Aug 1, 2010
Policy and Society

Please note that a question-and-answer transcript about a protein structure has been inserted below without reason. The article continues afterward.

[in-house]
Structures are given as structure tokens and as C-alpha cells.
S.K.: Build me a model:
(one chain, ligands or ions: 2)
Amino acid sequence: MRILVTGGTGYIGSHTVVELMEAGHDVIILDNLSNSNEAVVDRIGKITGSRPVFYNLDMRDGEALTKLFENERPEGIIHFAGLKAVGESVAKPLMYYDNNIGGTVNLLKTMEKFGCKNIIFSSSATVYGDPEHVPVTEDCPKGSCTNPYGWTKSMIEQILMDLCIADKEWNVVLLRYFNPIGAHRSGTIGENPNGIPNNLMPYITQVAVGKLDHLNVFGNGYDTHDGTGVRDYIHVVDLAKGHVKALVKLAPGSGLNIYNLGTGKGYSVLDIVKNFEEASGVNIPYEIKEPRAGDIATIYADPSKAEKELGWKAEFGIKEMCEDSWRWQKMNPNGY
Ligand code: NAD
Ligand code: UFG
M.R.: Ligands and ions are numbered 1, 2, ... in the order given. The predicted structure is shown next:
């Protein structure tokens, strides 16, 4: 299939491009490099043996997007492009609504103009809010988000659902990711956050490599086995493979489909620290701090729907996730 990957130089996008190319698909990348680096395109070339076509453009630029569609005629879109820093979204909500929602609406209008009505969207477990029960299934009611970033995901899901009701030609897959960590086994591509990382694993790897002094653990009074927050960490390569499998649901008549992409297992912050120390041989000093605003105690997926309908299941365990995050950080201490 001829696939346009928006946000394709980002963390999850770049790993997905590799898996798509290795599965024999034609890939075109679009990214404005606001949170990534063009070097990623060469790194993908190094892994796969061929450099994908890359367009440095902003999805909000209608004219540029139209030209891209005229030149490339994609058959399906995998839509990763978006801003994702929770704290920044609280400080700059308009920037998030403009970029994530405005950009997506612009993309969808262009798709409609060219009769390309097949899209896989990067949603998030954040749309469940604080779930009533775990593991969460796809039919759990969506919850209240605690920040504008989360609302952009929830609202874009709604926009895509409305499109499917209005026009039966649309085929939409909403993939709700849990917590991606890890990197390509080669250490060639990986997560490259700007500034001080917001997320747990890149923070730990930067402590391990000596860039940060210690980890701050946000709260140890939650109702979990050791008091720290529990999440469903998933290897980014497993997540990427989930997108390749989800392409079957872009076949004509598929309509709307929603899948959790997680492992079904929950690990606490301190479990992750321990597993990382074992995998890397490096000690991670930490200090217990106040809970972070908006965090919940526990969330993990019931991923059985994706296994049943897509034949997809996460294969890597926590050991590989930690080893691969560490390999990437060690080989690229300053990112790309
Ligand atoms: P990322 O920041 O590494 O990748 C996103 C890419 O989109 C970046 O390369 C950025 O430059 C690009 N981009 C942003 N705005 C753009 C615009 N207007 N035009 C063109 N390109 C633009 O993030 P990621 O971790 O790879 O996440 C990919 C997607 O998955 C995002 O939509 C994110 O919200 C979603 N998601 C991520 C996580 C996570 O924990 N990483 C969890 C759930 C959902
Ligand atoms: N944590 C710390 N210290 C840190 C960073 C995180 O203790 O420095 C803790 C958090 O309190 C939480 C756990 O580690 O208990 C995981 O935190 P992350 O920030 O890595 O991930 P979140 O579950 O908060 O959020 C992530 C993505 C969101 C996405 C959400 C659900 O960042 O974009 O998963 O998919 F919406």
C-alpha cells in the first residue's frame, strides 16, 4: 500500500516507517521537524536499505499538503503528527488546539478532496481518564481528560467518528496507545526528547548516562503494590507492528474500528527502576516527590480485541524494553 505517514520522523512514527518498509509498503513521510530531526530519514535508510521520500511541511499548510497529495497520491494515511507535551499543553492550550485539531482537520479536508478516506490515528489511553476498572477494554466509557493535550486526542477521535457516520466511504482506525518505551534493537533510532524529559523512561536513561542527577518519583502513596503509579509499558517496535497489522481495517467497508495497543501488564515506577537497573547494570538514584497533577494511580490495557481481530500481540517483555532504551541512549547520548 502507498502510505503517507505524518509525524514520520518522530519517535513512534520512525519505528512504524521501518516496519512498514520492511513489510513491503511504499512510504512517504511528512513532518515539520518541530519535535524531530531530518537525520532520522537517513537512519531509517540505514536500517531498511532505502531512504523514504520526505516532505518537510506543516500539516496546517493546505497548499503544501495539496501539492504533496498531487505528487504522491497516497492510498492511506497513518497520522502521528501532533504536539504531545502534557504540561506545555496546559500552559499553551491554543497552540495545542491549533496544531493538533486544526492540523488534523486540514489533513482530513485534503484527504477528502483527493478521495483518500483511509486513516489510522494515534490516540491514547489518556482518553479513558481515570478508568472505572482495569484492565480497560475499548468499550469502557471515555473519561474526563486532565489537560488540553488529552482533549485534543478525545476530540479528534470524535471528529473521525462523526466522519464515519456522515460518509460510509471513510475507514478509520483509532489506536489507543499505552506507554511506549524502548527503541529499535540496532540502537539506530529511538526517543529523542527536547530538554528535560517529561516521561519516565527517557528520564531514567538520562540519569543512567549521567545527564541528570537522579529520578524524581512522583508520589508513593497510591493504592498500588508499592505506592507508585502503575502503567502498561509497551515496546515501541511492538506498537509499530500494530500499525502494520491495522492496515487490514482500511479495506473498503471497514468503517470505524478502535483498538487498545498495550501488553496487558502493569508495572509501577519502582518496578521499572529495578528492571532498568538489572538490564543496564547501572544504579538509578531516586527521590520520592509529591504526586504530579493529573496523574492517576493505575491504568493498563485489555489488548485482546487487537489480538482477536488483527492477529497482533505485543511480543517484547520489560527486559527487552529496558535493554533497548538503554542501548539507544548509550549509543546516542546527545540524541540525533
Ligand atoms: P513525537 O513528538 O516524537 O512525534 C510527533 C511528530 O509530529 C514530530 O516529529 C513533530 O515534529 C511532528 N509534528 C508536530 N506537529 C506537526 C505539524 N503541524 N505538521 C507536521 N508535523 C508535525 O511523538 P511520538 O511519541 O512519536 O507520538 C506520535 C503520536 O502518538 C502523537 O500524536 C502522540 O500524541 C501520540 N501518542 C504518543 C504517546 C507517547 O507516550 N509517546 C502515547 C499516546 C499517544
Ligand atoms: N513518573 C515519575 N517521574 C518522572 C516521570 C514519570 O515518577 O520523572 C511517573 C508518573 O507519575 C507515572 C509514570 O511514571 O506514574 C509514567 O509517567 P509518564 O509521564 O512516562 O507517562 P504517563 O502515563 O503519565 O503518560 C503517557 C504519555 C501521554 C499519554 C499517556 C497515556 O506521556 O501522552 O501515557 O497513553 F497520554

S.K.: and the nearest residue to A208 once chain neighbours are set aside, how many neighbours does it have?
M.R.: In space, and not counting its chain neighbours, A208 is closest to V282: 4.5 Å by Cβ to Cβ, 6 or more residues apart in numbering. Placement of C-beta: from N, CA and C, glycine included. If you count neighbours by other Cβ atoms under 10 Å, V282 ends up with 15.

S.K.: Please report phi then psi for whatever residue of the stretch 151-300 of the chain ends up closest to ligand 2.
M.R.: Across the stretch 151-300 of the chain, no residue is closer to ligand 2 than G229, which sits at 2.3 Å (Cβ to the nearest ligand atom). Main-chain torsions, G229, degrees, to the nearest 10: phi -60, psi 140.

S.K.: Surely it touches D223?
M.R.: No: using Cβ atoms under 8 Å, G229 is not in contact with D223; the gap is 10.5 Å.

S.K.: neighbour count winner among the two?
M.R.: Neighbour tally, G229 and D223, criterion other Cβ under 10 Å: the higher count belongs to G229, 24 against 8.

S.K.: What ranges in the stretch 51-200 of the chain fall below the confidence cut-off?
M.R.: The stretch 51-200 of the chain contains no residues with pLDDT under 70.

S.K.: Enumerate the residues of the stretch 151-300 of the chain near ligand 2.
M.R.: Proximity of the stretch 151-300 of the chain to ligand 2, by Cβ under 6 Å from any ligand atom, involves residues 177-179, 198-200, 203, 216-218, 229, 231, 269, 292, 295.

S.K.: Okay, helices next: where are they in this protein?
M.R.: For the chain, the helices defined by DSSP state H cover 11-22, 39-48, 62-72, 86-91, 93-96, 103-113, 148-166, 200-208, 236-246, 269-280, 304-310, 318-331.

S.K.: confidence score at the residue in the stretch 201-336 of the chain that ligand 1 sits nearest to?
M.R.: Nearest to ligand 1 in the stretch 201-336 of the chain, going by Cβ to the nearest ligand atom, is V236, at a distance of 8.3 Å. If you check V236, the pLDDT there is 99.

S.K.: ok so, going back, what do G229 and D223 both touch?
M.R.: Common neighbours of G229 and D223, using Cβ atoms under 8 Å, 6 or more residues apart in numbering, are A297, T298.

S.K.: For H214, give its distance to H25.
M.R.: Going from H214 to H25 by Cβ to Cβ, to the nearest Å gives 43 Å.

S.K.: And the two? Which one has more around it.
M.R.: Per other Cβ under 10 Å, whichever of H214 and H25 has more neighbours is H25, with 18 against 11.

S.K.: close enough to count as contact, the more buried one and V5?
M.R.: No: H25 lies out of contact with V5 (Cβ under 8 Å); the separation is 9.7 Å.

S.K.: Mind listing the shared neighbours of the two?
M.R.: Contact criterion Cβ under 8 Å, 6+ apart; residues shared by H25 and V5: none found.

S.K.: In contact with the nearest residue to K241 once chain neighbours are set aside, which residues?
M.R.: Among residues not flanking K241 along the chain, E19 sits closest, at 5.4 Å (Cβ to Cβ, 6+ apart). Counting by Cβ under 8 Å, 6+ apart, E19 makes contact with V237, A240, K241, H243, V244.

Abstract Social enterprises, at least in the United States, internalize a hybrid mix of public, private and civil society activity, each and all of which are constituent and confluent. Is social enterprise re-embedding the market in civil society through its engagement to generate social wealth, or is it contributing to a process of dis-embedding, as a market-based approach to address societal issues imposes a strategy of commercialization? Simply asking this question demonstrates how difficult it is to capture this phenomenon in a homogeneous “new welfare mix” paradigm that realigns state, market and civil society relations. Not only do national contexts matter, but degrees of marketization or commercialization do as well. This article provides a broad overview of social enterprise in the North American context. In examining the literature on social enterprise, one navigates through a lexicon of numerous terms and definitions.